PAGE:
This I Believe
We can ask for what we want, but I believe we get what we need.
My husband and I returned to Upstate New York from California to escape the crushing financial pressures of living in San Francisco with two young children. Our vision: save money and return to California so my husband could attend seminary, and start an intentional community, a dream we’ve had for years.
For my husband, the measure of his self-worth is his ability to provide for his family, something his own father rarely did. We had discussed his need to overcome his Willie Loman sense of responsibility and shift to a paradigm that allows for the inclusion of personal meaning.
In a seemingly backwards move, he left the world of non-profits, and accepted a high paying state job intending to stay long enough to save money for seminary. Disliking this job after only a few months, he accepted his first corporate position. He was asked to take the lead on selling a product that was irrevocably flawed. Each day he struggled with staying true to his conscience and being the “responsible provider.”
There was a curious irony: for years my husband’s work involved serving others’ needs, yet personally he denied his own. Now, as he was acknowledging his own needs, he was hocking snake oil for a living, serving only the company’s bottom line. What happened?
On a warm Thursday in September, he met with our new minister, who asked him frankly, “What do you want?” My husband shared his vision with uncharacteristic certitude. “I can’t believe this!” Our minister responded excitedly, “I have been waiting for the right people to start a new community, to have a spiritual development center supported by a few families and cultivated into a new church.” My husband came home that evening enlivened and frightened as never before. “How do we make this happen?” He wondered.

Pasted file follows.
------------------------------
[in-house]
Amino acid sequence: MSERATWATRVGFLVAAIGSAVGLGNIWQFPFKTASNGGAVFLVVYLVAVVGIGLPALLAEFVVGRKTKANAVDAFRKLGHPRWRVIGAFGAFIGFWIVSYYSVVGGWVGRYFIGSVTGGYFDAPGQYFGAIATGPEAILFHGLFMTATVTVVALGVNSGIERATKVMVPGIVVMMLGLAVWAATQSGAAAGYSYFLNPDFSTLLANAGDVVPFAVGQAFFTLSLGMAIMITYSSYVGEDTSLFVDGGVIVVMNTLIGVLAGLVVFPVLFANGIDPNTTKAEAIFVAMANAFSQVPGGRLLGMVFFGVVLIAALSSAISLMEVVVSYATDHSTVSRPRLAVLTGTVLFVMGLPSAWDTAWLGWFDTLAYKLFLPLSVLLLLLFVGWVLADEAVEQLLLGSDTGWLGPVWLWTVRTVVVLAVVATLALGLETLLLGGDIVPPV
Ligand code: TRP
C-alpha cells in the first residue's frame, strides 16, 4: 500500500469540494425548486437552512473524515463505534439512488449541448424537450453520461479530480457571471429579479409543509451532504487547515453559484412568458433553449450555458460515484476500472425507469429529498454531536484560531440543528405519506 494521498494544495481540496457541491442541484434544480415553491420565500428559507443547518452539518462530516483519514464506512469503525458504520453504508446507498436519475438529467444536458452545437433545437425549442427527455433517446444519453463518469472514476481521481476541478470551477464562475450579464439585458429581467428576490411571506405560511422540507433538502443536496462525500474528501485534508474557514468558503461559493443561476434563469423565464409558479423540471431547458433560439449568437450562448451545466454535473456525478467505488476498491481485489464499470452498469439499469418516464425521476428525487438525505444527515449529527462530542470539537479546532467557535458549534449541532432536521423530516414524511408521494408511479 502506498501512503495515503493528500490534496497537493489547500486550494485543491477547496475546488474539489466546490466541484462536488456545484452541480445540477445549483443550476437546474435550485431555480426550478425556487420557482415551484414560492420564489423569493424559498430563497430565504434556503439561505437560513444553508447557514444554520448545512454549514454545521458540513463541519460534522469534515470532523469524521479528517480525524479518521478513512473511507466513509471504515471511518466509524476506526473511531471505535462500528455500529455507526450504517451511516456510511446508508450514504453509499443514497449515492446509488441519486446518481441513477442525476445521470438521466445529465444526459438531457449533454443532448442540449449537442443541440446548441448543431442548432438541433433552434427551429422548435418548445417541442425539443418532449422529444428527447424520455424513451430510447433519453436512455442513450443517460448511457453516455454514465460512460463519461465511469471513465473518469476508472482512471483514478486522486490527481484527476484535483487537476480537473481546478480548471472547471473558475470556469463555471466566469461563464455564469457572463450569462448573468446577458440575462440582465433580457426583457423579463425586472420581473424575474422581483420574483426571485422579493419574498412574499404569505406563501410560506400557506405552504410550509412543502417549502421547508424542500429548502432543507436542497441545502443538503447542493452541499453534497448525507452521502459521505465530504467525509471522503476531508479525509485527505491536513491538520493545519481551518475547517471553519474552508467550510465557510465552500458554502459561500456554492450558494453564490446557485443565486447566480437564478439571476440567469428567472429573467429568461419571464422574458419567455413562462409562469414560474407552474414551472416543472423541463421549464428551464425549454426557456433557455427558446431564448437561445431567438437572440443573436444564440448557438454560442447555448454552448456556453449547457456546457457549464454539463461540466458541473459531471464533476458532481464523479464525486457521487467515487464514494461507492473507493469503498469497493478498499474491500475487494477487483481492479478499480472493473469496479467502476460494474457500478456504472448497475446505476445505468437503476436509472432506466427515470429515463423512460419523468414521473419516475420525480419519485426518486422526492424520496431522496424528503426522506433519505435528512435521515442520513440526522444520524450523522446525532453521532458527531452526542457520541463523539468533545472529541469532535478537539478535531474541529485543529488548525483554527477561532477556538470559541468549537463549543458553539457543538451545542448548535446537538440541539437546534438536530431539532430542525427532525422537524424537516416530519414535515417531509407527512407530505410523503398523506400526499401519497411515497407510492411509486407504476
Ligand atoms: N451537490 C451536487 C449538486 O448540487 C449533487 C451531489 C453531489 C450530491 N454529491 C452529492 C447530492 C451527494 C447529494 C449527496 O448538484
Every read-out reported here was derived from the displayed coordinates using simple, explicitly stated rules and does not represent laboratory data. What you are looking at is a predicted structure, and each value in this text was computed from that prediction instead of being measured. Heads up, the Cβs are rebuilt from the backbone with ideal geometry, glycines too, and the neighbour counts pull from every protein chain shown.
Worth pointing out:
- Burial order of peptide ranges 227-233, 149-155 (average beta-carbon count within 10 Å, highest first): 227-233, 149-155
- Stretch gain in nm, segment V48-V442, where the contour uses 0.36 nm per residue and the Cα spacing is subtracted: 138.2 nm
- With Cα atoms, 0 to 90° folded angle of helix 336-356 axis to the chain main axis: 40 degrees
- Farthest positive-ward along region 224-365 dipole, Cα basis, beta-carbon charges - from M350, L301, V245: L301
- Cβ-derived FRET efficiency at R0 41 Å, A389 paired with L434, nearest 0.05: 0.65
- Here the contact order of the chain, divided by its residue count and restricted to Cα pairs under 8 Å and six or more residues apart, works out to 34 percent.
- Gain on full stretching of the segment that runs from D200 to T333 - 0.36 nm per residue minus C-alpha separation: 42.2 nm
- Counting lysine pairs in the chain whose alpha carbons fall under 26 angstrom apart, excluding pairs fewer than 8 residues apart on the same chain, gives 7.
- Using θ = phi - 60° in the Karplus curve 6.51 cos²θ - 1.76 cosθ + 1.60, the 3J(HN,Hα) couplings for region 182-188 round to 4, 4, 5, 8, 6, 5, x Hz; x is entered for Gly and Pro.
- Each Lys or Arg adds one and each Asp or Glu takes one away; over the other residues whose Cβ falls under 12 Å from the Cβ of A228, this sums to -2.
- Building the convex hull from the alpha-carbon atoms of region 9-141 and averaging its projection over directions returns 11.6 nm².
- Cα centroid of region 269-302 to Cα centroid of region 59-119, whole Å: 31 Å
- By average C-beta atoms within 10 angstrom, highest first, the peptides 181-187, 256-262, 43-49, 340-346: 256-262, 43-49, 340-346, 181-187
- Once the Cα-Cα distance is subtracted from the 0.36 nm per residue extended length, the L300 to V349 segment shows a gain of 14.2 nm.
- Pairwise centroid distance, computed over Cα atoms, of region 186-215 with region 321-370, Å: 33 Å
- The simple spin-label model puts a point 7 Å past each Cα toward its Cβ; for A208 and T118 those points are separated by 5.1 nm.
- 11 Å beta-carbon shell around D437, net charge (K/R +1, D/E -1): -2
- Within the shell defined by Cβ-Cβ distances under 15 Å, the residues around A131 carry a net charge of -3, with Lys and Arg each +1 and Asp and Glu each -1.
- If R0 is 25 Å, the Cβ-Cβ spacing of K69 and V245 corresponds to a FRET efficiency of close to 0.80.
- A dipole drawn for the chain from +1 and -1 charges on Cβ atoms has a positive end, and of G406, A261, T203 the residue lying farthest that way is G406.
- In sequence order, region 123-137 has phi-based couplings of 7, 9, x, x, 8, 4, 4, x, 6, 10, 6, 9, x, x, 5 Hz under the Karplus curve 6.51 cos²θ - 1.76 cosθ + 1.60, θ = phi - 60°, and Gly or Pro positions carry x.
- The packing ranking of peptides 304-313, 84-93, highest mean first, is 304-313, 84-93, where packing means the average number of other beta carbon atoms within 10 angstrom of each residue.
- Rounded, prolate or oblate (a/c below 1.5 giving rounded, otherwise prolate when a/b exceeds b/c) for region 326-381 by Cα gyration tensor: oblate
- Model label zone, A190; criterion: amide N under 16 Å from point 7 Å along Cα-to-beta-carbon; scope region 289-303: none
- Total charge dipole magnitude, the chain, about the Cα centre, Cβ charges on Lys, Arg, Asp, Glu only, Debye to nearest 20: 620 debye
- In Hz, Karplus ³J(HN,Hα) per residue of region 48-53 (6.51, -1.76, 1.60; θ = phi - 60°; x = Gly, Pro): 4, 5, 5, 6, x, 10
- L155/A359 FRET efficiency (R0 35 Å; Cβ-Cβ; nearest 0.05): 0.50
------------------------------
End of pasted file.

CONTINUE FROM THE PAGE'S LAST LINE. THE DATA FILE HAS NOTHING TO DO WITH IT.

The next morning, my husband kissed me goodbye, and I whispered to him, “It’s time for a change.” That afternoon, he pulled into the driveway carrying a cardboard box. “I was let go today,” he said flatly, trying to hold back tears. We had just bought our first house, our daughter was barely three and our son was not yet a year old. They left him with no severance and no health coverage. My husband was suddenly faced with his greatest fear: his inability to provide for his family.
It’s five months later, and financially, we’re barely hanging on. However, we are more grounded than we’ve ever been. We are both home with the kids, taking turns issuing time-outs and changing diapers, and I’ve started a new small business that I’ve talked about for years. And as life would have it, we just set up our first formal meeting with another couple to begin an intentional community. This is not the journey we chose, and yet, it is the journey we have been called to, and exactly where we belong.
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